The government was meeting later to consider reducing the quarantine for vaccinated people, amid forecasts that the increasing number of infections could place more than 2 million people in quarantine after close contact with infected people.
The commuter train line in hard-hit Lombardy — which recorded one-third of all new cases — had to cancel about 100 trains Wednesday, due to lack of personnel.
Health Ministry statistics showed nearly 500 people have been hospitalized, with 126 new arrivals in intensive care units. Officials say 71% of those hospitalized are not vaccinated. The death toll rose by 136 to 137,091.
More than 1 million tests were performed in the last 24 hours, with long lines hundreds deep forming in centers around the country. Army teams are set to arrive in the coming days in two towns in Italy’s first red zone, Codogno and Lodi, to help with testing.
WASHINGTON — Centers for Disease Control and Prevention director Rochelle Walensky said Wednesday that average coronavirus cases in the U.S. this week have increased 60% over the previous week, a reflection, she said, “of the exceptionally transmissible omicron variant.”
“This virus has proven its ability to adapt quickly and we must adapt with it,” Walensky said during the Biden administration’s COVID-19 task force briefing.
She pointed in particular to the CDC’s decision to reduce the quarantine time for individuals who test positive for coronavirus but don’t have symptoms to 5 days from 10 days. After five days, the risk of transmission “substantially decreases,” she said, and the reduced quarantine period reflected an effort to “provide updated recommendations using science to ease the burden of lengthy isolation and quarantine recommendations.”
Walensky also noted the decision to reduce the quarantine time for healthcare workers to seven days reflects in part a desire to address staffing shortages at overburdened hospitals, clinics and long-term care facilities. She emphasized the need for those who test positive to strictly adhere to masking guidelines.
“How well each of these prevention measures is implemented, as well as adherence to isolation and quarantine recommendations, will determine the outlook in the coming weeks,” Walensky said.
ANKARA, Turkey — Turkey’s health minister received his booster jab with Turkey’s domestically made vaccine, Turkovac, live on camera on Wednesday — a day before it was scheduled to be made available for general use.
The vaccine, which uses the “inactivated virus” technology, was granted emergency use approval last week, becoming the third vaccine on offer in Turkey after jabs developed by China’s Sinovac and by Pfizer-BioNTech.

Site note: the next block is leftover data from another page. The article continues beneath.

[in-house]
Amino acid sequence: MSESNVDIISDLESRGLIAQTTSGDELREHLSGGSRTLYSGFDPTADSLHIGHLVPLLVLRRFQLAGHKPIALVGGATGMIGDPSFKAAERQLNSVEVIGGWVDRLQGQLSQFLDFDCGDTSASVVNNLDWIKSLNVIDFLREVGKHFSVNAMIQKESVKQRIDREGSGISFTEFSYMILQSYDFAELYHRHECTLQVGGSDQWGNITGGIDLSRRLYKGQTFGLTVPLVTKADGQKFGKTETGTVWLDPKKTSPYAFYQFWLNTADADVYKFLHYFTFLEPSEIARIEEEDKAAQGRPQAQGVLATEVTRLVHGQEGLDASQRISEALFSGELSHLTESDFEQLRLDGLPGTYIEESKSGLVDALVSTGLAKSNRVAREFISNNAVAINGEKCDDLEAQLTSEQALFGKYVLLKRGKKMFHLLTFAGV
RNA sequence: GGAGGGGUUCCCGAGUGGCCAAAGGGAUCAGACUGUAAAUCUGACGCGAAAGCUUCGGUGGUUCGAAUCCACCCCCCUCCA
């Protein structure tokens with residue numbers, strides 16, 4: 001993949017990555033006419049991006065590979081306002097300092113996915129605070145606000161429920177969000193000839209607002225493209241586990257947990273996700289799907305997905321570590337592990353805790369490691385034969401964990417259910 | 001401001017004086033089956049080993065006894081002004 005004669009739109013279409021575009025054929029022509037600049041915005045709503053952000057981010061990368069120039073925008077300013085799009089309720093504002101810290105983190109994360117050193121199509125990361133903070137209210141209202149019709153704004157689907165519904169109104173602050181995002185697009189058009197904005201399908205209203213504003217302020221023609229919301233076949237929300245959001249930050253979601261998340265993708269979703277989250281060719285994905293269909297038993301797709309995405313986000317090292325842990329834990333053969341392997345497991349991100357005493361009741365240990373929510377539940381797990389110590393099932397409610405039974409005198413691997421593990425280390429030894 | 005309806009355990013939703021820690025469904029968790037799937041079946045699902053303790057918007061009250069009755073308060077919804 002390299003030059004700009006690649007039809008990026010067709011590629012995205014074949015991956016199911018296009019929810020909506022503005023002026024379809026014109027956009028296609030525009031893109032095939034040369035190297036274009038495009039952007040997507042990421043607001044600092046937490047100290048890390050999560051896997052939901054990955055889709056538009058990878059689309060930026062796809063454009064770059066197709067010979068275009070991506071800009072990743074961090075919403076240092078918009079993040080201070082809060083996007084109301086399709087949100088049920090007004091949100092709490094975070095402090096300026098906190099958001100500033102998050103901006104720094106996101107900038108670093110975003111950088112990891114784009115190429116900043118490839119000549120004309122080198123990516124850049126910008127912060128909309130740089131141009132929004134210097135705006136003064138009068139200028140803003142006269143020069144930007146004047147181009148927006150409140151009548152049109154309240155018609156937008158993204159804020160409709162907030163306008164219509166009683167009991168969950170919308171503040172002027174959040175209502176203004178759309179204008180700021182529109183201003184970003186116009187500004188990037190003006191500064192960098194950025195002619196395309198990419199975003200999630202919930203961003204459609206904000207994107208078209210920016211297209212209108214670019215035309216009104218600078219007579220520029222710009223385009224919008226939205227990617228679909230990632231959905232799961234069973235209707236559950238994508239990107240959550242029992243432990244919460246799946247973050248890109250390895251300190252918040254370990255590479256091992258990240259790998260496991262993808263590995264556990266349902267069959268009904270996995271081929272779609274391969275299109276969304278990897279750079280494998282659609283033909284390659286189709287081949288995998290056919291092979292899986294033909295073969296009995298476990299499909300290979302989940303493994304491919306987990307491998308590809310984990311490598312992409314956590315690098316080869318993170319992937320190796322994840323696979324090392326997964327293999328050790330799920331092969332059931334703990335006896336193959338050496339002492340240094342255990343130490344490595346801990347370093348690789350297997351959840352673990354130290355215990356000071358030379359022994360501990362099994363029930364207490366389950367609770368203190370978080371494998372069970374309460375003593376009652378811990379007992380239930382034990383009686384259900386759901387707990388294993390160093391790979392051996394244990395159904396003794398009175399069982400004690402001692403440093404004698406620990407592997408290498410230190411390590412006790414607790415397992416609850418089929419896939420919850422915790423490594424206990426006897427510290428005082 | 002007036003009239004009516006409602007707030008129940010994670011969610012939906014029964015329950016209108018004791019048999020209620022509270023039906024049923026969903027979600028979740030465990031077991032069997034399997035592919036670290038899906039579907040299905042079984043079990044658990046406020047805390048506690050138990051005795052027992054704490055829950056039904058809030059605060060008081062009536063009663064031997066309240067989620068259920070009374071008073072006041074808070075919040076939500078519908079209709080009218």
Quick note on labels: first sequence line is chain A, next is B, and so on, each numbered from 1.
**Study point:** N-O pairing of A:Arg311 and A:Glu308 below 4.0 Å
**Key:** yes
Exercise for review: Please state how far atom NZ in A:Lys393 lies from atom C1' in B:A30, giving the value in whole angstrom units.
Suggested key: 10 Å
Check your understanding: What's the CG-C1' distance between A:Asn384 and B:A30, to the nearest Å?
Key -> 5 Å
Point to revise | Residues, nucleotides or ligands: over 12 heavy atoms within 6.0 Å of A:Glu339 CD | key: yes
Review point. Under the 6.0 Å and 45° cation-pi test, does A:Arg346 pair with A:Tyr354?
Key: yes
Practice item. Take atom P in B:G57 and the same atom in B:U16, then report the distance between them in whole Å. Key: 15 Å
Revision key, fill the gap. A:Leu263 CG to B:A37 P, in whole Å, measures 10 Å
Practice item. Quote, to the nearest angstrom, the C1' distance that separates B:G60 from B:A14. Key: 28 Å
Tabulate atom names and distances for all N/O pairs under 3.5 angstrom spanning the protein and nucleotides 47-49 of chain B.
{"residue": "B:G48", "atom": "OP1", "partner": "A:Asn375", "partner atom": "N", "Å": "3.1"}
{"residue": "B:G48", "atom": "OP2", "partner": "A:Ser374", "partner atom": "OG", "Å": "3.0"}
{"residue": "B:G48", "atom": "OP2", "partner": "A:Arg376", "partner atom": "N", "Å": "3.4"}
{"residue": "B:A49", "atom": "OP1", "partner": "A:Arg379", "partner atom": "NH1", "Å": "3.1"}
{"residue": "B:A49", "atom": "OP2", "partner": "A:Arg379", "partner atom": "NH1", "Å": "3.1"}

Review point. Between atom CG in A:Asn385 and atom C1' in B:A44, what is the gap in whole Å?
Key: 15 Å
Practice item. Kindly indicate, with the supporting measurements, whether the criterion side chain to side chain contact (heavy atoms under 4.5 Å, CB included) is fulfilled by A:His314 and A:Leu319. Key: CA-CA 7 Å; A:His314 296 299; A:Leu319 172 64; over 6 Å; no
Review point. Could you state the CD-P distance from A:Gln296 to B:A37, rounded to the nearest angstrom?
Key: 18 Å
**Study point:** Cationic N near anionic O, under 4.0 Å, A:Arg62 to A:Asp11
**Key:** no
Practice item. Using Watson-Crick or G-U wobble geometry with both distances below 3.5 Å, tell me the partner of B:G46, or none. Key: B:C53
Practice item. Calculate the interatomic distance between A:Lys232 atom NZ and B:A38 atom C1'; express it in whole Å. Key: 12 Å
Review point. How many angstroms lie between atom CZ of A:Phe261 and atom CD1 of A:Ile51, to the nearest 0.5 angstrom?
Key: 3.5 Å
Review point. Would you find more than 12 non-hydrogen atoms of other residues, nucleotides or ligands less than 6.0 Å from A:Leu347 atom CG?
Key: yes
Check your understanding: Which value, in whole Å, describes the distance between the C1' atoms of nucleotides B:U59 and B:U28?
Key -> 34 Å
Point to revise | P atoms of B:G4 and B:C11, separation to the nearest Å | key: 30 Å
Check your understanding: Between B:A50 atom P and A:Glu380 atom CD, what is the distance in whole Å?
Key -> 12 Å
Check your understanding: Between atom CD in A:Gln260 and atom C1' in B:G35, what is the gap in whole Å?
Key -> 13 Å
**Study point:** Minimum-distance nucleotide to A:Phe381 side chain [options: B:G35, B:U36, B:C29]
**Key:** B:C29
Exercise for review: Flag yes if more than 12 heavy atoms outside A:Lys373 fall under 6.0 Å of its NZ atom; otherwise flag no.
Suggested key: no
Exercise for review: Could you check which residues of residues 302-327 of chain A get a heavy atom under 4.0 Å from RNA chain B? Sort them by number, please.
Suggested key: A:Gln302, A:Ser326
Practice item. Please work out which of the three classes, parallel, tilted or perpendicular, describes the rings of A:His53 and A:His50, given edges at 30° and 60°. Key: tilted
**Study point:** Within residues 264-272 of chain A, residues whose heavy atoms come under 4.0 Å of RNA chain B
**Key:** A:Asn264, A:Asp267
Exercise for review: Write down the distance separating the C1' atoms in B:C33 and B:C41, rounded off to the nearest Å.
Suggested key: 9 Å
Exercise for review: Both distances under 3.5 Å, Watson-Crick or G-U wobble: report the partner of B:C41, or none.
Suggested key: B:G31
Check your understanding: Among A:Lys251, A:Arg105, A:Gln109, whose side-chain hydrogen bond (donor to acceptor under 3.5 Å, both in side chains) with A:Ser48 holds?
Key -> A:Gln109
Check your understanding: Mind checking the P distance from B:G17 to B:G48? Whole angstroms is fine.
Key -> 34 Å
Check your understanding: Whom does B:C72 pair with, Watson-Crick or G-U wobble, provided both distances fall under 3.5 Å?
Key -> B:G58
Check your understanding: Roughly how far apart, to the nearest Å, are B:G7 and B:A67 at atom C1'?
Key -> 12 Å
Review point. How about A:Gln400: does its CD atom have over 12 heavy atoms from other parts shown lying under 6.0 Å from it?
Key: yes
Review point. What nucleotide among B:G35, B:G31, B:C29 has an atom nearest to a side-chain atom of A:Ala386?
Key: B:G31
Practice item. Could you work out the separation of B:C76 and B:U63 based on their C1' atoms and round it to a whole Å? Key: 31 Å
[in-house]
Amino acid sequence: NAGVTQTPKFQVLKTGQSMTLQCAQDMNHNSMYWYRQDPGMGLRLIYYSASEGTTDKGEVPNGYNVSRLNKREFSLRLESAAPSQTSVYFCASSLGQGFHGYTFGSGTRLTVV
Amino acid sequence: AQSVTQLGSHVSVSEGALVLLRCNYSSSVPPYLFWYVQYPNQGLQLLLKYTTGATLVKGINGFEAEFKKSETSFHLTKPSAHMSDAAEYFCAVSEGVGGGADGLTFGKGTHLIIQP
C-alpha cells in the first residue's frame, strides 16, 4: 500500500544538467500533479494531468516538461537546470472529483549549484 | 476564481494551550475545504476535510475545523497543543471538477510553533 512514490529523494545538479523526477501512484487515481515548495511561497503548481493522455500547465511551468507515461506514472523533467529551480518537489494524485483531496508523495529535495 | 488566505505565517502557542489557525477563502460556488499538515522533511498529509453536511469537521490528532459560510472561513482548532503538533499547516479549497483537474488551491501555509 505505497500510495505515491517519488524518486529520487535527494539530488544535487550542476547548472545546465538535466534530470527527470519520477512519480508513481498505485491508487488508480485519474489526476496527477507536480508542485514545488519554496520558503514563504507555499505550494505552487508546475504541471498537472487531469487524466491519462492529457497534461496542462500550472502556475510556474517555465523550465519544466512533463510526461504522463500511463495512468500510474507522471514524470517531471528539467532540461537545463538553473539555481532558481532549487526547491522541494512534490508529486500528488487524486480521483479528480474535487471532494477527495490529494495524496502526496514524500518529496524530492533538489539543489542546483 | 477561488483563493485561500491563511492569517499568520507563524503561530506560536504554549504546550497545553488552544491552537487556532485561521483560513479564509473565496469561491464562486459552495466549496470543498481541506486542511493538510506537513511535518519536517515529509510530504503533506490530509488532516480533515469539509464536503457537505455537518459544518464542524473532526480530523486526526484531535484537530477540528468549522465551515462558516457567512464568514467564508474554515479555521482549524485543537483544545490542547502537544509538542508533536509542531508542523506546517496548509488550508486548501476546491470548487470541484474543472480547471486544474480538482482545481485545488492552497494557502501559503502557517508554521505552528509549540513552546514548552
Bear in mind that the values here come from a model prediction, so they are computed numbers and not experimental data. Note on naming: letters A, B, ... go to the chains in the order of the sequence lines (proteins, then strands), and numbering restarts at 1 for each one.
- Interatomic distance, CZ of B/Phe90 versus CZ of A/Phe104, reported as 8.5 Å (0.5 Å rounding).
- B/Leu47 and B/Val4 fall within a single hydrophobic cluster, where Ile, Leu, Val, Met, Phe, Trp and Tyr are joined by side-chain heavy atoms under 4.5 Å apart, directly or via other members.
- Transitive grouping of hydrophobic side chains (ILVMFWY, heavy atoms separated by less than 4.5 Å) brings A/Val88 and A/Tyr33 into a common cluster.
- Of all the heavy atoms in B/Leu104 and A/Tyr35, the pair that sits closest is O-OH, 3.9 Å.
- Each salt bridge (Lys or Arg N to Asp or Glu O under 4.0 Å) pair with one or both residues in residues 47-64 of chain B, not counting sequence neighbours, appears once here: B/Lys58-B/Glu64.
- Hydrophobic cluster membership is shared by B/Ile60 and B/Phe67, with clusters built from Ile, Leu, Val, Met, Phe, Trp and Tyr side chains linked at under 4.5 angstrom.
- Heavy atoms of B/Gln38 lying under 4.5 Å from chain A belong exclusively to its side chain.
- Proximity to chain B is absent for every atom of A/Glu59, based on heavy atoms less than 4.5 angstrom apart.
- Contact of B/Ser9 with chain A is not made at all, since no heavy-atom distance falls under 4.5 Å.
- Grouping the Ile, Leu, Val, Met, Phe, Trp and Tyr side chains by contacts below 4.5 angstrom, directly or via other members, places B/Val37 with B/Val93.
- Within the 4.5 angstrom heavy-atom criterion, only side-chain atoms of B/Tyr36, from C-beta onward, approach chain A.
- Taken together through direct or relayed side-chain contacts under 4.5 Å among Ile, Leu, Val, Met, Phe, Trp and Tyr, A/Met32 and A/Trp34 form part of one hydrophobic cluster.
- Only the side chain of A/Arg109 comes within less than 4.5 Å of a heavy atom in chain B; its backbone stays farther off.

Fahrettin Koca, the health minister, said Turkey was dedicating the vaccine to all who have died of COVID-19 in the country. Members of Turkey’s coronavirus advisory council also took turns to receive their Turkovac booster jabs.
Turkey has so far administered close to 130 million doses of COVID-19 vaccines — including nearly 19 million booster shots. Around 82% of the adult population has received two doses.
BEIRUT — Lebanon’s Interior Minister says police forces will begin implementing strict measures ahead of New Year’s Eve to limit the spread of coronavirus in the small country.
Bassam Mawlawi’s comments on Wednesday came as the daily cases of the virus reached 3,153, a figure not seen in Lebanon in months.
After last year’s New Year’s Eve, Lebanon witnessed a sharp increase in coronavirus cases and deaths that overwhelmed hospitals. The medical sector has been hit hard by the country’s economic meltdown that began two years ago.
Mawlawi told reporters that police will be present in hotels, night clubs and restaurants to make sure they are working at 50% capacity and all clients present are either vaccinated or have a PCR test that was taken in less than 48 hours. He added that staff will either have to be vaccinated or undergo a PCR test twice a week.
Health Minister Firass Abiad said there has been no decision yet for a nationwide lockdown.
Lebanon, a nation of 6 million people including a million Syrian refugees, has registered 715,000 cases and more than 9,000 deaths since the first case was reported in February last year.